Contraction of cultured rat glomerular cells of apparent mesangial origin after stimulation with angiotensin II and arginine vasopressin

D. A. Ausiello, J. I. Kreisberg, C. Roy, M. J. Karnovasky

Research output: Contribution to journalArticlepeer-review

305 Scopus citations


Studies to identify the physiological role of glomerular mesangial cells were undertaken using homogeneous culture of rat glomerular cells of apparent mesangial origin (MS). Cultured MS cells were treated with arginine vasopressin (AVP), angiotensin II (AGII), prostaglandin E2, and parathyroid hormone. AVP (0.1 nM) and AGII (1 nM) stimulated contraction of MS cells in vitro that was complete by 2 min at 37°C or 10 min at 23°C as observed by phase contrast and electron microscopy. Relaxation recurred 15 min after hormonal addition at 23°C. Similar experiments in cloned rat glomerular epithelial cells or 'renin'-producing cells did not demonstrate a contractile response. the contraction of MS cells was independent of cyclic AMP (cAMP) and cyclic 3',5'-guanosine monophosphate (cGMP) production, even when cyclic nucleotides were measured as early as 30 s after hormonal stimulation. To demonstrate that contraction was a function of hormone-receptor interaction, binding of [3H](8-lysine)vasopressin was studied. Specific binding for 1.6 and 5 nM hormone was both time- and dose-dependent. The estimated apparent affinity was 10 nM. In late MS cell passages (>16th) that no longer demonstrated hormone-stimulated contraction, no specific binding of [3H](8-lysine)vasopressin was observed. Incubations were modified to optimize the conditions for detecting the effect of hormones on cell cyclic nucleotide content. A supramaximal concentration of AVP (200 nM) increased the cAMP content of MS cells twofold in the presence of a phosphodiesterase inhibitor. Similar experiments with prostaglandin E2 (1 μg/ml) led to a 1.5-6-fold increase in MS cell cAMP content, but no effect on contraction was observed. Neither hormone altered cGMP content. These data are further support for the independence of contraction and cyclic nucleotide production. Our studies suggest that MS cells are the equivalent of smooth muscle cells in the glomerulus and that their contraction may be important in control of glomerular filtration.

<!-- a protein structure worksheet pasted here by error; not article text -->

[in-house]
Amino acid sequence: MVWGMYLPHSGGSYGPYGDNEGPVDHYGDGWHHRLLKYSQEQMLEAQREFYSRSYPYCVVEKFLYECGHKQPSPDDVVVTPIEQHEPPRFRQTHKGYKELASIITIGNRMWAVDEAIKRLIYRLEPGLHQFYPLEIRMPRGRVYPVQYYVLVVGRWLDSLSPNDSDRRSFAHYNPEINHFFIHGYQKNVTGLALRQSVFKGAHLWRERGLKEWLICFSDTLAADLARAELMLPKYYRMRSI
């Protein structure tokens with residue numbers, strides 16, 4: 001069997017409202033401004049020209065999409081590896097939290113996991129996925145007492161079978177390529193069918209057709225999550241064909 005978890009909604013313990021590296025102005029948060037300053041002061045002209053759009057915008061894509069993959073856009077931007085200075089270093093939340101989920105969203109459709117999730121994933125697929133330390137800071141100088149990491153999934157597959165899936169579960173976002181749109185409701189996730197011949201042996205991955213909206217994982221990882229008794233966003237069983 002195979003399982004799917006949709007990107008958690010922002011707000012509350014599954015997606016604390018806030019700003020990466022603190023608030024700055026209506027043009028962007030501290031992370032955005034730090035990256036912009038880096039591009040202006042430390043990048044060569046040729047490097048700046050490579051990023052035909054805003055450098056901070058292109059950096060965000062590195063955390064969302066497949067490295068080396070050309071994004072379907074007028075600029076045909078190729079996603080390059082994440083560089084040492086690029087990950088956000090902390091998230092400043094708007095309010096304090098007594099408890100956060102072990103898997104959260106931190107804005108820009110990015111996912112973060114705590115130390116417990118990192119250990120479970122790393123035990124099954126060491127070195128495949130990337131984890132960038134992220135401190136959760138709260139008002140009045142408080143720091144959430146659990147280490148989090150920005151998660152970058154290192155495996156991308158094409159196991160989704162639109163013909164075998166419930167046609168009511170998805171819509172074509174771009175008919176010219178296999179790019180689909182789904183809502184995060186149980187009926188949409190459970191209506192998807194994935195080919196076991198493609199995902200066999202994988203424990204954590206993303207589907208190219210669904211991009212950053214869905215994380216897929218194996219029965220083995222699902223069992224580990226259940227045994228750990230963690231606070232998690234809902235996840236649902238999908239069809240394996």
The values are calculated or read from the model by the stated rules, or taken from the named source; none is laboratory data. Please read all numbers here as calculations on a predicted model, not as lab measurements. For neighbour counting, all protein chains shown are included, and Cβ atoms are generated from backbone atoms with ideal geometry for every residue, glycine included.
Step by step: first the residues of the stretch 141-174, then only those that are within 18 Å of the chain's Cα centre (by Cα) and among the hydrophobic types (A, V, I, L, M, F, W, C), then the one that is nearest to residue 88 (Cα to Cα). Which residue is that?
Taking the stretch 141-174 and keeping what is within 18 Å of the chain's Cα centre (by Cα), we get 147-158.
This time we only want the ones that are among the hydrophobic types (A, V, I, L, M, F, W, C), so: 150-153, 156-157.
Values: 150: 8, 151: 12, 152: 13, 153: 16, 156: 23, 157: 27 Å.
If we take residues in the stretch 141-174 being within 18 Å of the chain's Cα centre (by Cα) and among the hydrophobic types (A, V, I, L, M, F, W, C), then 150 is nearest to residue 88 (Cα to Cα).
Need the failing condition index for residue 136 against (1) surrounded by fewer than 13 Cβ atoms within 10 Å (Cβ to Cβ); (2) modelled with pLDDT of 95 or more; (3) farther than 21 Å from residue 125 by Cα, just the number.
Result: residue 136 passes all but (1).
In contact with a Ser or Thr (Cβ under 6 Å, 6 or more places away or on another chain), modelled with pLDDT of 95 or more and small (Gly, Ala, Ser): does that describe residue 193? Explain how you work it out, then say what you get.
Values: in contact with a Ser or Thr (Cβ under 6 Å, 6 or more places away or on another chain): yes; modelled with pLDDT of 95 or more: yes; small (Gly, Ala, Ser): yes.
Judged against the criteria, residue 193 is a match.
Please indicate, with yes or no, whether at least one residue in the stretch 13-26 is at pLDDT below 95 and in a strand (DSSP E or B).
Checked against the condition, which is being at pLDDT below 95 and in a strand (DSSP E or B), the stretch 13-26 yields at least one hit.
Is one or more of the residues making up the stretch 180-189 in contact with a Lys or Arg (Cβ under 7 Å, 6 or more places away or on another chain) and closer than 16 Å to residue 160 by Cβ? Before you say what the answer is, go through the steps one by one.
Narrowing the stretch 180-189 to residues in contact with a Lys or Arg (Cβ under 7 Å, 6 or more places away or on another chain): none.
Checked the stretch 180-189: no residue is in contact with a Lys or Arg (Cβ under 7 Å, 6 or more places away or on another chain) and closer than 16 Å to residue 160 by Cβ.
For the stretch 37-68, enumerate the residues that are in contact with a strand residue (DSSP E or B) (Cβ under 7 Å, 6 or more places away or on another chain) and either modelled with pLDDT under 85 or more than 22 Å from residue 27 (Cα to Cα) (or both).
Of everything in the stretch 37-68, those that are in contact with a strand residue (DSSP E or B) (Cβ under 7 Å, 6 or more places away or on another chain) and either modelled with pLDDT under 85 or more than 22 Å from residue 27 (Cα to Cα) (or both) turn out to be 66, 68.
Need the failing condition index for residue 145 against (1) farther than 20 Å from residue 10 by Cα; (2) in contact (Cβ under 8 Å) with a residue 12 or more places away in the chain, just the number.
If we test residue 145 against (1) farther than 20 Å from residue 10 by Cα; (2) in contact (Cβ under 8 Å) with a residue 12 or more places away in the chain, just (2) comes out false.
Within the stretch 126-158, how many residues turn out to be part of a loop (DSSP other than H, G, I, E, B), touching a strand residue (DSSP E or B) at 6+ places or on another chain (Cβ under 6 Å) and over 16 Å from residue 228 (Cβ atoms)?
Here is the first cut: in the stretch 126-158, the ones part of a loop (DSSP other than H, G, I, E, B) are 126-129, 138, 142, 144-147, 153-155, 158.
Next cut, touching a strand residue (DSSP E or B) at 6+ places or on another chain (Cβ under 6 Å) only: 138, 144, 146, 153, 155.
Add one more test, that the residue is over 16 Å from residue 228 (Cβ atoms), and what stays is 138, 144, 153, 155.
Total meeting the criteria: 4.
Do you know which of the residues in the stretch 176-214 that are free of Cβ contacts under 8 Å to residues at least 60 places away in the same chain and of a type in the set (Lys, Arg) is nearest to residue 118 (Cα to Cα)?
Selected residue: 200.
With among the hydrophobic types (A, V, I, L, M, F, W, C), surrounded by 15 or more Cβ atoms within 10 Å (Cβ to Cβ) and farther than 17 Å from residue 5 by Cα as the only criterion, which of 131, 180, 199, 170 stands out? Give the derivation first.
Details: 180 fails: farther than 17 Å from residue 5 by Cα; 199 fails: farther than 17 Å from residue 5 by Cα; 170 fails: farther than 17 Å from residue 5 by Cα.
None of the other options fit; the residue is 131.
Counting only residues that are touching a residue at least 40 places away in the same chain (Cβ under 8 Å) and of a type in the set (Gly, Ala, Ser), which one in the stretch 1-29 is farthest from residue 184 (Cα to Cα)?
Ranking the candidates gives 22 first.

Original languageEnglish (US)
Pages (from-to)754-760
Number of pages7
JournalJournal of Clinical Investigation
Issue number3
StatePublished - 1980
Externally publishedYes

ASJC Scopus subject areas

  • Medicine(all)


Dive into the research topics of 'Contraction of cultured rat glomerular cells of apparent mesangial origin after stimulation with angiotensin II and arginine vasopressin'. Together they form a unique fingerprint.

Cite this